• Bristol Old Vic Theatre School offers adult evening classes in modern and classical acting, offering a limited number of free places to those unable to afford the fees.



These groups prepare young people to perform work, often specifically commissioned or adapted. There are four youth companies across the Conservatoire with around 200 participants.

  • London Youth Circus has 100 students aged between 11 and 18 from across London. It offers courses at beginner, intermediate and advanced levels, including supporting classes in movement, core stability and performance. Acceptance is by audition and subsidised places are offered. The advanced class performs annually.
  • Bristol Old Vic Theatre School offers a weekly youth group, ACTiv8 for 7-18 year olds. There are currently 80 participants, largely from the Bristol area.
  • London Contemporary Dance School runs the weekly youth group ‘Junior Dance Club’, for 8-12 year olds with around 15 places per year. Priority is given to those living in the King’s Cross and Camden area, and subsidised places are available.
  • RADA has a Youth Company provides access to drama training and performance opportunities for young people aged 16-20 who live in and around London. The company meets every Saturday and makes an annual commitment.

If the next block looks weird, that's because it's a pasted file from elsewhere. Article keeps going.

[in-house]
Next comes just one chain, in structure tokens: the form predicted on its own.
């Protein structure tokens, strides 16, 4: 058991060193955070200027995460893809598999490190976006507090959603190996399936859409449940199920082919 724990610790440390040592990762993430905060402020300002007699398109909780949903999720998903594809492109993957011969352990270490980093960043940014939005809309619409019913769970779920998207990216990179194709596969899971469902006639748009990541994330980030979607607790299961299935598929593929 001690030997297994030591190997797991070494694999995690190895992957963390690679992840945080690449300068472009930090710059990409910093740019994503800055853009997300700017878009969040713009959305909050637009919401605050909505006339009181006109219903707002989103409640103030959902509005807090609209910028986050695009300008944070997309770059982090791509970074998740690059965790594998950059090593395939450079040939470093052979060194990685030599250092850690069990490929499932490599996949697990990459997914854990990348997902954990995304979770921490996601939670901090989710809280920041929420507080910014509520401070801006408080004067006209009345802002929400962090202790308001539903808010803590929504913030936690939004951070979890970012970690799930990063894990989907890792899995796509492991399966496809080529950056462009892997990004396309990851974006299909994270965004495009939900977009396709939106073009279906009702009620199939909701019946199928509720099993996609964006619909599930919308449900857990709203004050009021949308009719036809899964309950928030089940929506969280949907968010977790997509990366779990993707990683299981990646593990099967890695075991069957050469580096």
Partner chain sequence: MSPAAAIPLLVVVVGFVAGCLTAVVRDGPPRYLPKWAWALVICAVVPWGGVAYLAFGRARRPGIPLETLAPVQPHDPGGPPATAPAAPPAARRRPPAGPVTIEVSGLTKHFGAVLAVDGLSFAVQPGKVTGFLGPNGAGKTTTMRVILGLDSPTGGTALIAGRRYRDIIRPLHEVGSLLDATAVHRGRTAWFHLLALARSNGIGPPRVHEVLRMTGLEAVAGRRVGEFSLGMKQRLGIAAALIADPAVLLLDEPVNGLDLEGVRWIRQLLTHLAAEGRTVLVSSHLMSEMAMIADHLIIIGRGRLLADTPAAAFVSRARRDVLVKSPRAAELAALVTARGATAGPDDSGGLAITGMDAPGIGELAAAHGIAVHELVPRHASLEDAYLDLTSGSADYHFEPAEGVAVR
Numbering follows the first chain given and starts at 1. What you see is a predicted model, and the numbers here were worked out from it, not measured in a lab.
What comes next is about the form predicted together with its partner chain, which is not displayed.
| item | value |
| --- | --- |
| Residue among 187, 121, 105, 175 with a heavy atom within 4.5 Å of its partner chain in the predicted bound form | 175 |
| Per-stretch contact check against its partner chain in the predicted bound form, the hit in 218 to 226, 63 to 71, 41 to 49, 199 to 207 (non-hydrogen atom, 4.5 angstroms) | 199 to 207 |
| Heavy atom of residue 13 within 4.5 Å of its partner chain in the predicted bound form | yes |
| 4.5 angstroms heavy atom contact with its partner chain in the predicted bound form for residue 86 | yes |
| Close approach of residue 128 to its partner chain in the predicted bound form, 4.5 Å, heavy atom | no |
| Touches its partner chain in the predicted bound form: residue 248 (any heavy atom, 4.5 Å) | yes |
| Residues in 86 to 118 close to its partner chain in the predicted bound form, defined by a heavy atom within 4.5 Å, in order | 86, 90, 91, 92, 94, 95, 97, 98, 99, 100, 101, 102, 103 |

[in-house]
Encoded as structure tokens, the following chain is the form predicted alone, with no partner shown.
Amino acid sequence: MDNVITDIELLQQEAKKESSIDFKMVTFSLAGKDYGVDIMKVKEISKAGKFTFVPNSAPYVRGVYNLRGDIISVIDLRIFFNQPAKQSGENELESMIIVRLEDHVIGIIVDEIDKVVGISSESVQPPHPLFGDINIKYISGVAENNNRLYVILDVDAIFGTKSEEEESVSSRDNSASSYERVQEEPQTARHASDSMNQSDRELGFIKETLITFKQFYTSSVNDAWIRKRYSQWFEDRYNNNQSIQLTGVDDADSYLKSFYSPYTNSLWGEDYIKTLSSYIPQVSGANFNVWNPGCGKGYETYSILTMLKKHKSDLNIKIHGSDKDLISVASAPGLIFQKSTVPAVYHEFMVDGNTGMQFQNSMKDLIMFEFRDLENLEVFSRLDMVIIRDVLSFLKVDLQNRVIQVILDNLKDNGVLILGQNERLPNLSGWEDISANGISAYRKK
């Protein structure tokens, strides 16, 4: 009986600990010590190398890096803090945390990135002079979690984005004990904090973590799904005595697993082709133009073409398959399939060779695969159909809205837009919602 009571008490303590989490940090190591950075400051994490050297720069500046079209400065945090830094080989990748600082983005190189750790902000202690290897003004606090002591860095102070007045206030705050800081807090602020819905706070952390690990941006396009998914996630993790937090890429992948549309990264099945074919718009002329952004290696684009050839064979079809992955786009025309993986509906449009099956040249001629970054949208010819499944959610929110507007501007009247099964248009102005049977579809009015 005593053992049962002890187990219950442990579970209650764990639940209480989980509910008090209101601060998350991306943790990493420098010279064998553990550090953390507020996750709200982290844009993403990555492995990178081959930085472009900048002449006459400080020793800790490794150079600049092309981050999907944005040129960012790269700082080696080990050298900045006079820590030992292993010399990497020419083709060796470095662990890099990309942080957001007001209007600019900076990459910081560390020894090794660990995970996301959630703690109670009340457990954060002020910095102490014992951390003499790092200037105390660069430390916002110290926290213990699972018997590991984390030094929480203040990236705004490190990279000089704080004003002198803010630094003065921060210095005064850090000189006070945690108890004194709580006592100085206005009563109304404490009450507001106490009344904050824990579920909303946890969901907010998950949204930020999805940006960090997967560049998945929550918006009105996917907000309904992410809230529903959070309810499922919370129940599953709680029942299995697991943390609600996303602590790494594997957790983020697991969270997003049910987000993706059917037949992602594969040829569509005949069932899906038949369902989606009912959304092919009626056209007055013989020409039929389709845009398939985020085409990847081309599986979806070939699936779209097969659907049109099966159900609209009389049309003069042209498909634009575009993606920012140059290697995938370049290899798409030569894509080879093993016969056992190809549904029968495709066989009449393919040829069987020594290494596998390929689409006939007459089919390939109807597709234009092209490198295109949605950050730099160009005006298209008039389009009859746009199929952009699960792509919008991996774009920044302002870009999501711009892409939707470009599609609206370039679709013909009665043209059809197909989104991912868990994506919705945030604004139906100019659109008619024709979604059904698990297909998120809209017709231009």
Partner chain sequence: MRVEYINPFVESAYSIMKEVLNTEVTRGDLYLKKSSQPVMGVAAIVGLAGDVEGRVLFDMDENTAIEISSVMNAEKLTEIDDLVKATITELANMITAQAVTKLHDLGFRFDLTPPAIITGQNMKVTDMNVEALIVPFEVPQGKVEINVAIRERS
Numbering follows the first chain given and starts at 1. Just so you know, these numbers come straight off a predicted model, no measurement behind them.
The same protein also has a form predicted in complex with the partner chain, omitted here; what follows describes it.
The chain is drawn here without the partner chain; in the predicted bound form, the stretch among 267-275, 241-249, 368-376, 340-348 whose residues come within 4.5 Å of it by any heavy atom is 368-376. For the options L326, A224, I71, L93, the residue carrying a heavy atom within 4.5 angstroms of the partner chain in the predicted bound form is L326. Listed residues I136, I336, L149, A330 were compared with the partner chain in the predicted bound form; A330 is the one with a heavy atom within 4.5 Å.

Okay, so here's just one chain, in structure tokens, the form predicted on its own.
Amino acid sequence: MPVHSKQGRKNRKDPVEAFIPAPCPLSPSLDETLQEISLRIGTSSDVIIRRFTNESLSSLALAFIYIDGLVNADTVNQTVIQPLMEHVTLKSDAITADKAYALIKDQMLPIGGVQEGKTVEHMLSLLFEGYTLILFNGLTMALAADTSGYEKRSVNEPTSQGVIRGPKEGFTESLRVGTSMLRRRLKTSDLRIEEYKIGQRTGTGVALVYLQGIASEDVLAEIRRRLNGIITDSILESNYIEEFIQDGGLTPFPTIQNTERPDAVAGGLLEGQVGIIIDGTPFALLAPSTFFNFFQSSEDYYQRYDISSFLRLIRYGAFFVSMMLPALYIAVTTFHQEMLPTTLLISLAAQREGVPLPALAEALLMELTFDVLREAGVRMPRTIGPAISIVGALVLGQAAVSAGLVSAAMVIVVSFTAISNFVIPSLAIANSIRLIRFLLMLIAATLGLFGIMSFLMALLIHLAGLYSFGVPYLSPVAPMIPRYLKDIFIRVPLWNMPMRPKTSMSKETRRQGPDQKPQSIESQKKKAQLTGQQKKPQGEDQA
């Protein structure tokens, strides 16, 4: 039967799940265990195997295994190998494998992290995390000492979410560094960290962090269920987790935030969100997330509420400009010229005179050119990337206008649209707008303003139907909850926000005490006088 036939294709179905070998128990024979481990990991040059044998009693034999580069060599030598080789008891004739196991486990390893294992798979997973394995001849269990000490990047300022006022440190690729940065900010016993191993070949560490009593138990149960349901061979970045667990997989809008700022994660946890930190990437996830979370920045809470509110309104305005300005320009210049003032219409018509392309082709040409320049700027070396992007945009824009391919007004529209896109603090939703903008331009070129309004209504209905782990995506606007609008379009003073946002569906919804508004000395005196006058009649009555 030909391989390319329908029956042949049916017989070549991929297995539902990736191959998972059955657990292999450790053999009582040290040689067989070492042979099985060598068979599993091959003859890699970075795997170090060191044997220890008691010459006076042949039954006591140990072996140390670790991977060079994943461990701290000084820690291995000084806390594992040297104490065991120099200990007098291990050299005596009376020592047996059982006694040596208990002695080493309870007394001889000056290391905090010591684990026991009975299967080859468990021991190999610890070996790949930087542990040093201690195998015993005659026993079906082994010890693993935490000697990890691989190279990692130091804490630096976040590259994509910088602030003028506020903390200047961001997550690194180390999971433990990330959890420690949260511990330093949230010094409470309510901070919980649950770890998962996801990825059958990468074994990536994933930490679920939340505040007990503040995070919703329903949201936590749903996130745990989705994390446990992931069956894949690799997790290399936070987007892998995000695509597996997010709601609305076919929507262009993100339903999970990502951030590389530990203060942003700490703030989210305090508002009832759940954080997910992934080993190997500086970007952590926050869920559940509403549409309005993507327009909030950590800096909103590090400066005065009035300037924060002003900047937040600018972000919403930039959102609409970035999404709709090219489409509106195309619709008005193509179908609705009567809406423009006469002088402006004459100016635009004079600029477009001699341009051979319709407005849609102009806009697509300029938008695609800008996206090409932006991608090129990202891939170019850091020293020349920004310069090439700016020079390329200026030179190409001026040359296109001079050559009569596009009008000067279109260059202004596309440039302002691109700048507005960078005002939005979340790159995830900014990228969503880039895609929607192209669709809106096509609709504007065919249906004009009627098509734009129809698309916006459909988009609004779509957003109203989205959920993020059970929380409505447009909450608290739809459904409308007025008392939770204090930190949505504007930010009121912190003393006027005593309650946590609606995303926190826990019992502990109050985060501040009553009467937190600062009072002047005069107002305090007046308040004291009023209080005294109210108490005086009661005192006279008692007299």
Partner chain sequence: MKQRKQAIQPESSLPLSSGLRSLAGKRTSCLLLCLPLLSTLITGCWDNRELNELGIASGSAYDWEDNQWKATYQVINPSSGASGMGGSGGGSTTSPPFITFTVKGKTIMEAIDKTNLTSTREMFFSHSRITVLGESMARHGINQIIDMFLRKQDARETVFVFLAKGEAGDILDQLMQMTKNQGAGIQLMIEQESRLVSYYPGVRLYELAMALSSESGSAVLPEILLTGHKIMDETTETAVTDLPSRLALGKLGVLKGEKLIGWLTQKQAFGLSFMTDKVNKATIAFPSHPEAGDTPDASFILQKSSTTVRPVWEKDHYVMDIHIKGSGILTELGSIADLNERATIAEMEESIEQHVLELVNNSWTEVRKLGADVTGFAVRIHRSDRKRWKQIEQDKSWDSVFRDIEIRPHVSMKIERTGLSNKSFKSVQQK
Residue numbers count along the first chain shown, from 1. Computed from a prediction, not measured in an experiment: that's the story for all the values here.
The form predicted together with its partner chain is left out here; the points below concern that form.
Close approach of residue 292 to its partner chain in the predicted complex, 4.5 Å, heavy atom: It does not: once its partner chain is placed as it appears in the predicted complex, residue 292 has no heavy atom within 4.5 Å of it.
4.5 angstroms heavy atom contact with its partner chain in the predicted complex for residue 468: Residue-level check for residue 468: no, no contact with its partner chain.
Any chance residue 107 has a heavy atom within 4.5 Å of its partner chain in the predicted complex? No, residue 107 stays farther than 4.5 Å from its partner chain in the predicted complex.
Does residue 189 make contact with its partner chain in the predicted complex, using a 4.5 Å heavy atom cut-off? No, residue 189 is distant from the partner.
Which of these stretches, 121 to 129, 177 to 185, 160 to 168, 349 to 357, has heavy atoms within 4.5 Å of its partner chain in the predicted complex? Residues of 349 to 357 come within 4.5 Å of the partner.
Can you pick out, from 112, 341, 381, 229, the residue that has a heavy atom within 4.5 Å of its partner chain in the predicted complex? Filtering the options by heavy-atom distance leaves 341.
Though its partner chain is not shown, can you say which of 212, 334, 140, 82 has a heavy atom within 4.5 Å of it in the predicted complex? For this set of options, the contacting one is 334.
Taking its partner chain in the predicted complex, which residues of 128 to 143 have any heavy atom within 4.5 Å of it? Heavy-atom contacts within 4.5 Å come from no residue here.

The Conservatoire has three dedicated performance companies: Ballet Central (Central School of Ballet), VERVE (Northern School of Contemporary Dance) and EDge (London Contemporary Dance School) all part of final-year, graduate or post-graduate programmes. These companies tour nationally and internationally and deliver workshops as part of the programme.

  • Ballet Central tours to 22 venues nationwide, offering more than 25 performances. It reaches several thousand people with tickets are kept at a low price to ensure accessibility.
  • EDge tours to around 20-25 venues nationally, reaching an audience of approximately 3500.
  • VERVE works with leading choreographers each year to produce at repertory that the company tours between February and July. It tours to 22 venues around the UK and in Europe.

In addition, almost all other schools tour either nationally or locally and offer specific student performances to primary and secondary schools and beyond. Tours travel to between 30 and 40 venues each year with total audiences of at least 20,000.



  • Northern School of Contemporary Dance offers a free inset day to schools, for both new and existing teachers, to equip them with the skills to spot dance potential.
  • The Principal of the Rambert School of Ballet and Contemporary Dance leads movement workshops once a week at a local primary school.
  • The ‘RADA in Schools’ programme takes acting and technical students in their second year of study to work with young people in secondary schools. RADA youth workshops are offered to regional theatres and schools nationally.